Now to some of you this table may look like Chinese, well the numbers did to me as well when I first got started on this research. An easy way to find out “how much” exactly to feed baby of each food is to keep your phone handy, and Google “how much iron (or vitamin X) does a teaspoon of X food have” which is what I did and still do lots of times. I always “triedddd” to give my baby at least a whole plate of food throughout the day with enough iron and vitamins, always adding vitamin C along with the iron for better absorption and avoiding calcium for a couple hours of an iron rich meal, since it inhibits the proper absorption of iron. But, alas, my baby wouldn’t eat much. I would spend all this time making food for her, letting her self feed, trying to spoon feed her, doing pretty much anything you could think of so she would eat at least enough to get all the nutrients that my milk didn’t have, but NOPE, she would feed most of it to the dogs one way or another.
I don’t believe in force-feeding, to me, overriding your baby’s basic instincts of fullness is simply not right, and I really believe that babies need to have a say in how much they eat, simply because they know when they’re full and when they’re hungry (exclusively breastfed babies in particular), so the option of shoving food down her throat was not an option. So as I ran out of tricks to get her to increase her solid intake, I patiently awaited her first birthday, and decided that I would test her iron levels. Should all be well, then I could finally relax and know that even the little food she’s having along with my milk would be enough. Should her levels be inadequate, I would do whatever was necessary to ensure that she gets the proper nutrition for her cognitive skills and brain development, even if it meant giving her supplements.
After a terrible first failed attempt at testing, we mustered up the courage to try again, and finally got her tested about a week ago. 2 days later the doctor calls with happy news, her iron levels were fine, her vitamin D as well (I had started her on vitamin D supplements since she was 2 months as in Dubai we are indoors most of the time and in Lebanon as well she is not exposed enough to the sun when we go there) and all was fine, except…her red blood cells looked small he said. I had no idea what that meant, but I was determined to find out. After ruling out “beta-thalassemia” the only logical explanation for such a healthy, smart, happy baby would be iron deficiency. But the doctor said her levels were fine!!! Well, they weren’t, what the doctor was looking at was her serum iron levels, what he needed to be looking for was the ferritin. Ferritin is the amount of iron storage available in the body, and when the iron in the body drops, it gets its storage from the bone marrow and ferritin. She was not found to be anemic, but iron deficient and in need of supplementation according to a pediatric hematologist and her doctor in Lebanon.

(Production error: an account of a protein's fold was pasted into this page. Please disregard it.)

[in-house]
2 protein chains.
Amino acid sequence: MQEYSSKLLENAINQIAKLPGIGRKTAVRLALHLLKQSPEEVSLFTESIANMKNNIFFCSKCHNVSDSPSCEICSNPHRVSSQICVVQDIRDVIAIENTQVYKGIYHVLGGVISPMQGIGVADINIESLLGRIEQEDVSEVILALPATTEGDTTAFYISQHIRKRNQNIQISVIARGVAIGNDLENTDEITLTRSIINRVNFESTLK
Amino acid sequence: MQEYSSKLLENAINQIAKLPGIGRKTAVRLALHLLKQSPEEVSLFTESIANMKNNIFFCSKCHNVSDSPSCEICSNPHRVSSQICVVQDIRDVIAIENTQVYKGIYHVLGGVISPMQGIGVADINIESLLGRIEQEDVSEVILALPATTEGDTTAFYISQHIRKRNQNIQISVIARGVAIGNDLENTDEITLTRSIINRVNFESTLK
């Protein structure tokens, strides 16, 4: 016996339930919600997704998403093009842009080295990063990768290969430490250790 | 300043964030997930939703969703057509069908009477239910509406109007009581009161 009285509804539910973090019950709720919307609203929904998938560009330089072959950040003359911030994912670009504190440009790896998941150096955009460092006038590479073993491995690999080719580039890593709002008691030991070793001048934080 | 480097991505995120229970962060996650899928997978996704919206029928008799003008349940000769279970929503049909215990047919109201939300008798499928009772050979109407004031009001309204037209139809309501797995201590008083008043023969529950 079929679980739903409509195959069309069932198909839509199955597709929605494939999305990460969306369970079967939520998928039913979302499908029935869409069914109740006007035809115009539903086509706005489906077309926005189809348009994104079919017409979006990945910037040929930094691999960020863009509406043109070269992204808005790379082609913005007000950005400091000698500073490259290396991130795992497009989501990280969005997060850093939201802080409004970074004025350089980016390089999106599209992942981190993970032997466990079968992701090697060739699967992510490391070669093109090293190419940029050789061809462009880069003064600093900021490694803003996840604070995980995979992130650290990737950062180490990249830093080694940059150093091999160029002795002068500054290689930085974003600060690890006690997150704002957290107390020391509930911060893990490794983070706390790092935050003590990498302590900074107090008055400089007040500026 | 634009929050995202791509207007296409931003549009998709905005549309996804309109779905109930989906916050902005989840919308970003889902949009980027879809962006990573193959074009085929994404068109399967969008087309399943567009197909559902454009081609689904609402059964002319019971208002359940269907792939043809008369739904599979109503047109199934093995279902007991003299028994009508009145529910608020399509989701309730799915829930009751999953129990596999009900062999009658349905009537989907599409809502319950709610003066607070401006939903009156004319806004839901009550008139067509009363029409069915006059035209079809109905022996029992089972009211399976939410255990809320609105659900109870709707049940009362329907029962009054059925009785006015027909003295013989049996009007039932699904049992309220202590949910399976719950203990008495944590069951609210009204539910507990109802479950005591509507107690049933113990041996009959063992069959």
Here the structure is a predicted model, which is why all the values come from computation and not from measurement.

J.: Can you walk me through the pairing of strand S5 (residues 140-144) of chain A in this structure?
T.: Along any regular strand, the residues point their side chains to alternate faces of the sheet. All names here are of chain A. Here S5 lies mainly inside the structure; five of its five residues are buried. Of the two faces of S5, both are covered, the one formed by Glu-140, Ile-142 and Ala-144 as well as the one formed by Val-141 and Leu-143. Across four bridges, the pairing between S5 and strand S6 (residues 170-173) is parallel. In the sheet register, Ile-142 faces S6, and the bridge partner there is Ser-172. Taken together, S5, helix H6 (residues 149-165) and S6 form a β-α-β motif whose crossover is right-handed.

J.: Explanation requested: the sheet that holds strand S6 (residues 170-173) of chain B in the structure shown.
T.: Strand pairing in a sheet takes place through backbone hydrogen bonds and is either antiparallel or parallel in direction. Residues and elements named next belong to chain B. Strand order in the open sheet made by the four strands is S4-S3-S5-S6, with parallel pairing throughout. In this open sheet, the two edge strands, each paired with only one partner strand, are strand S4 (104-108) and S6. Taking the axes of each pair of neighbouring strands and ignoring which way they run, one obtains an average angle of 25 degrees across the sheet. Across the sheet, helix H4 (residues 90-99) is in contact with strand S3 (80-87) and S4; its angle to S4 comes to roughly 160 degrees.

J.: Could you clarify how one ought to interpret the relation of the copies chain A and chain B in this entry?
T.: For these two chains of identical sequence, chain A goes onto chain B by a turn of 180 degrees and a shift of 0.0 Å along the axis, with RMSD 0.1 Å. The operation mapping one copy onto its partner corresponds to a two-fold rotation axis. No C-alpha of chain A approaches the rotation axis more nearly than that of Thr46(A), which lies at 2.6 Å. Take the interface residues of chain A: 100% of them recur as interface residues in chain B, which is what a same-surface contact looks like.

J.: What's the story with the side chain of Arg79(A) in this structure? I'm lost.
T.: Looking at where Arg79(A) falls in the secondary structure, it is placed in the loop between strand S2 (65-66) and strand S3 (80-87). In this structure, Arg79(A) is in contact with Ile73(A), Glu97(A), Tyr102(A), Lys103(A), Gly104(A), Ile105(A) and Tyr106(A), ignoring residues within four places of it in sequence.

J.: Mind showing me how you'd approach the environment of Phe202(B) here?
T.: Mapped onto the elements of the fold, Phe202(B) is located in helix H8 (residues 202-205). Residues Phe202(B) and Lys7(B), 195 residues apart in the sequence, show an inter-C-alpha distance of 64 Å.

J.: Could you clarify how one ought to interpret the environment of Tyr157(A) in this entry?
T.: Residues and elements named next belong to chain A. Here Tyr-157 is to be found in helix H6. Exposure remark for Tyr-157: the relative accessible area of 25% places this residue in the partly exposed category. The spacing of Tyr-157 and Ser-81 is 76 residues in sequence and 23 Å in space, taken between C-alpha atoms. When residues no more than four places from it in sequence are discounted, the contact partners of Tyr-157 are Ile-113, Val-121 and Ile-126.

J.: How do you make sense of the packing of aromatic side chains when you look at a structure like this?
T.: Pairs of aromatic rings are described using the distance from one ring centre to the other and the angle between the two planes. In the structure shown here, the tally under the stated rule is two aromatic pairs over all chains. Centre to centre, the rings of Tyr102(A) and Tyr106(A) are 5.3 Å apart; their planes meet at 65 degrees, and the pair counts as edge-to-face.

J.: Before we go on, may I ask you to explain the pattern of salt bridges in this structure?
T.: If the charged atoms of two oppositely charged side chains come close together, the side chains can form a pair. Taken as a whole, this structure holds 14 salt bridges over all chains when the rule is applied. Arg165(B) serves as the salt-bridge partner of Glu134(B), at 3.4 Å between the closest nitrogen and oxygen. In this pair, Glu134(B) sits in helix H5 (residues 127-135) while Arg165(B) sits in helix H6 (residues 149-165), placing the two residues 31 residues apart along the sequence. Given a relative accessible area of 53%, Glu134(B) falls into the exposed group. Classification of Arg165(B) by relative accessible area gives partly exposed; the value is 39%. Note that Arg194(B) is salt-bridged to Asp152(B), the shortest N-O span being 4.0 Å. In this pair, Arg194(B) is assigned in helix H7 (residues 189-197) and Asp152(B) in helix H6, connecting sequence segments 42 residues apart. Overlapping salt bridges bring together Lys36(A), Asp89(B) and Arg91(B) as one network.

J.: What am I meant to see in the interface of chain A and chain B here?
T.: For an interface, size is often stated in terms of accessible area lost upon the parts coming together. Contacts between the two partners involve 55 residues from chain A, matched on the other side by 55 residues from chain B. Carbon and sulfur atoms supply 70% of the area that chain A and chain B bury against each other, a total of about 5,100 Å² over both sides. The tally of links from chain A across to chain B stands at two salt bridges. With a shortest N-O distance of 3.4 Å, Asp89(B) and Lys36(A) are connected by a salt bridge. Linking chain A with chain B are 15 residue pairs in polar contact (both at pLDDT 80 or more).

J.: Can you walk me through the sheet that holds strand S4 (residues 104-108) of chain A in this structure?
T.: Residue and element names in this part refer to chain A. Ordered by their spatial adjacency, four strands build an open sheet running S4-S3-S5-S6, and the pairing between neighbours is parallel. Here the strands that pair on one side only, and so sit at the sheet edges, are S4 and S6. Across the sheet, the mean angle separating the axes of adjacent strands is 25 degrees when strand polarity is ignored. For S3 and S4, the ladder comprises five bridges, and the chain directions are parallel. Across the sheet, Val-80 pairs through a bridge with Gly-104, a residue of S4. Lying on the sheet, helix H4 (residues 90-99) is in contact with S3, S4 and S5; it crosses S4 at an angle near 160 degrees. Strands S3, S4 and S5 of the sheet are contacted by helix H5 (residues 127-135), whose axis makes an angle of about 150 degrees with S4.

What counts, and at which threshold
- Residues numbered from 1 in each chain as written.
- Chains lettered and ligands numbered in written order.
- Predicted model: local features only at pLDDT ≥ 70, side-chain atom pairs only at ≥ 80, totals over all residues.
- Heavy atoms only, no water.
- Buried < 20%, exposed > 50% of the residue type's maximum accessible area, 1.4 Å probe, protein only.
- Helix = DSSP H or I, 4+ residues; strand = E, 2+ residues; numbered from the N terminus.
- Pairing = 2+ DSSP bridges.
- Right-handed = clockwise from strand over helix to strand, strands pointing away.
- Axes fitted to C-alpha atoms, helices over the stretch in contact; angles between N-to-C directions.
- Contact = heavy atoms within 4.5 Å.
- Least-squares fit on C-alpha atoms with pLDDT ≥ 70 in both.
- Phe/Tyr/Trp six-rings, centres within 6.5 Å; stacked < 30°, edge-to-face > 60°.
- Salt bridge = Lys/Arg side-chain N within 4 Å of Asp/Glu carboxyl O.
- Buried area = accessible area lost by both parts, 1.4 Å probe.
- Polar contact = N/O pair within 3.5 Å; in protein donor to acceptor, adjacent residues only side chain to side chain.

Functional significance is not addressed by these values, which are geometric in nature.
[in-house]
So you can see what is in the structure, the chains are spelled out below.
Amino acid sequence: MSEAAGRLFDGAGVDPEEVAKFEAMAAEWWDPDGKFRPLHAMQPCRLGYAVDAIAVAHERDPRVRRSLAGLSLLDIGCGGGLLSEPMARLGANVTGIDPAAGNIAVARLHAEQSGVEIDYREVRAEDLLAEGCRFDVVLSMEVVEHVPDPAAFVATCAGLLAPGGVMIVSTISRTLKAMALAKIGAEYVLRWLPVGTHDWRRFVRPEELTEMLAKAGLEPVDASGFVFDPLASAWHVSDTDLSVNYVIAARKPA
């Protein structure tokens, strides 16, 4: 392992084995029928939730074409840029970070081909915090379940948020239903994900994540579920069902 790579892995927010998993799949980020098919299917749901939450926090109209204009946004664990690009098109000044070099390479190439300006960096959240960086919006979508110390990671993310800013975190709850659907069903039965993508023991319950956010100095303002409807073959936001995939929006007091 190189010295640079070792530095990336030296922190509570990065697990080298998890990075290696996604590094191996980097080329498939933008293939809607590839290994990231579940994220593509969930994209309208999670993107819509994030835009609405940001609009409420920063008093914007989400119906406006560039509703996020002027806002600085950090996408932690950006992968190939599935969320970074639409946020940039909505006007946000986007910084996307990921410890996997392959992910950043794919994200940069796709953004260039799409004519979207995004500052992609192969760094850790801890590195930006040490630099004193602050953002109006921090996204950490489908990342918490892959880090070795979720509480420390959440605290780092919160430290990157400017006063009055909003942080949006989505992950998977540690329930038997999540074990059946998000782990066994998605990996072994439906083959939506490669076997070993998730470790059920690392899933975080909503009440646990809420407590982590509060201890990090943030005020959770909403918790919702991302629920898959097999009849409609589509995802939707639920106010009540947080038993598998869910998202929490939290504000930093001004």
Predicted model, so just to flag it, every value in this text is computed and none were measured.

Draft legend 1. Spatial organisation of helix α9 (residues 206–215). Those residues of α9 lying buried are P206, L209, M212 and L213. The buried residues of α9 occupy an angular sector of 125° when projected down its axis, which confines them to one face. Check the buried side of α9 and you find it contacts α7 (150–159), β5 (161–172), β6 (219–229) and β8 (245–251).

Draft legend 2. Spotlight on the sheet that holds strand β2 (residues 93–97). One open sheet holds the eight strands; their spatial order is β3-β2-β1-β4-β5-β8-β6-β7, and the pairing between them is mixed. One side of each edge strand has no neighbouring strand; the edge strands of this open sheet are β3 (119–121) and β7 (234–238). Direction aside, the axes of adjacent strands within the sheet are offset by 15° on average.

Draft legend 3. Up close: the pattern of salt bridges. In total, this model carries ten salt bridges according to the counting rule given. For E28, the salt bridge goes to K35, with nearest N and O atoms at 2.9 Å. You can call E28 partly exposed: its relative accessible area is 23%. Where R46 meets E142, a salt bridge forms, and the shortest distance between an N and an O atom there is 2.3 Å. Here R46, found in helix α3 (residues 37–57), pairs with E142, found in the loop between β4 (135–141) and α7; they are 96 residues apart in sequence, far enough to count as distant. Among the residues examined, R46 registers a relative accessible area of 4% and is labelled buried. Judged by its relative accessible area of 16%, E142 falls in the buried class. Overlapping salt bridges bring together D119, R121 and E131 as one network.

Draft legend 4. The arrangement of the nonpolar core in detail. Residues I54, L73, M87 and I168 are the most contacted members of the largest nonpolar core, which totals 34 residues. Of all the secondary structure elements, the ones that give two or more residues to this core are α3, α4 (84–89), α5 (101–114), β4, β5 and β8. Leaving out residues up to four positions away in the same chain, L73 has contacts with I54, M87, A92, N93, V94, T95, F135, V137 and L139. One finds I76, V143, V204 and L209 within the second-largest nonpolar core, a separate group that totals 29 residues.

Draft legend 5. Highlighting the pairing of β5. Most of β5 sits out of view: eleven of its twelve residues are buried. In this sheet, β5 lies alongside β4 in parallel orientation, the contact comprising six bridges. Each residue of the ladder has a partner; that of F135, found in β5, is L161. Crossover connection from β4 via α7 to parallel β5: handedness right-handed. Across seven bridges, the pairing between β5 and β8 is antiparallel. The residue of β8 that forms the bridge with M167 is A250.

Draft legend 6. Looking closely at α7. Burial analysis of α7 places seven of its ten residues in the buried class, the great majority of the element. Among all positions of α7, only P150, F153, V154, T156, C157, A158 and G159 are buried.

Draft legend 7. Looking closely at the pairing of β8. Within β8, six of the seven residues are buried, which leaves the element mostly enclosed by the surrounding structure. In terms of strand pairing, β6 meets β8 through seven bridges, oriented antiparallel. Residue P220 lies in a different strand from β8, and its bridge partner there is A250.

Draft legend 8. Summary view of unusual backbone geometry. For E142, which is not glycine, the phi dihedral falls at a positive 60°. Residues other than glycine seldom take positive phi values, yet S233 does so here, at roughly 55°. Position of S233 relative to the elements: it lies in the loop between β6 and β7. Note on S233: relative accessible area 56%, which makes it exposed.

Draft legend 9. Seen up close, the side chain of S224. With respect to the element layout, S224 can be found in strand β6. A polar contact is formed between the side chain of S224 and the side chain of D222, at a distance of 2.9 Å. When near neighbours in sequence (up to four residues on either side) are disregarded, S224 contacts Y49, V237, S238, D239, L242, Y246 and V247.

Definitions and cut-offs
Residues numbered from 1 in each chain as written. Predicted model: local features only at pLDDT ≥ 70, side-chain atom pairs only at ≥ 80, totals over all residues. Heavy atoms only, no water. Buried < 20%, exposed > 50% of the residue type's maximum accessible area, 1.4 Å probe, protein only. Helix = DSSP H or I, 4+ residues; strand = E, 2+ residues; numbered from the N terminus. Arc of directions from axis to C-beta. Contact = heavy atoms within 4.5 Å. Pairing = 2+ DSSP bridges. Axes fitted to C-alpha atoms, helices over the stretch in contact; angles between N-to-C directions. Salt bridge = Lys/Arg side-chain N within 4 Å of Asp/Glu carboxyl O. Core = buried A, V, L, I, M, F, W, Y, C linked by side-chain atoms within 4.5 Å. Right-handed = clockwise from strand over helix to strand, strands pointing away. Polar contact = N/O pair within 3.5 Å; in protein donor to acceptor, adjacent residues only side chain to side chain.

How could this be? How could have Mother Nature failed me like that? Breastmilk is supposed to be the optimal food for babies, the perfect food, but it was not! I thought of all the mothers I had encouraged to breastfeed, and on the endless hours I spent talking about the wonders of breast milk, when it was actually imperfect…or was it? I then thought, that if God had created humans with the ability to produce milk and feed their infants, if life on this planet was sustained for millions of years because of this milk, then there was no way that it could be imperfect. There is no way that the iron deficit in breast milk was just an accidental flaw. There has to be more to it. And so, after digging deeper into the world of science, it seems that the low amount of iron and other nutrients found in breastmilk, is really not an accident but an evolutionary necessity. And the reason why breastmilk is as such, and how come babies have survived without any supplements according to researchers is the following 3 hypotheses, none of them has been proven 100%, but they do seem to make a lot of sense to me so here is an excerpt from an article I found on the topic: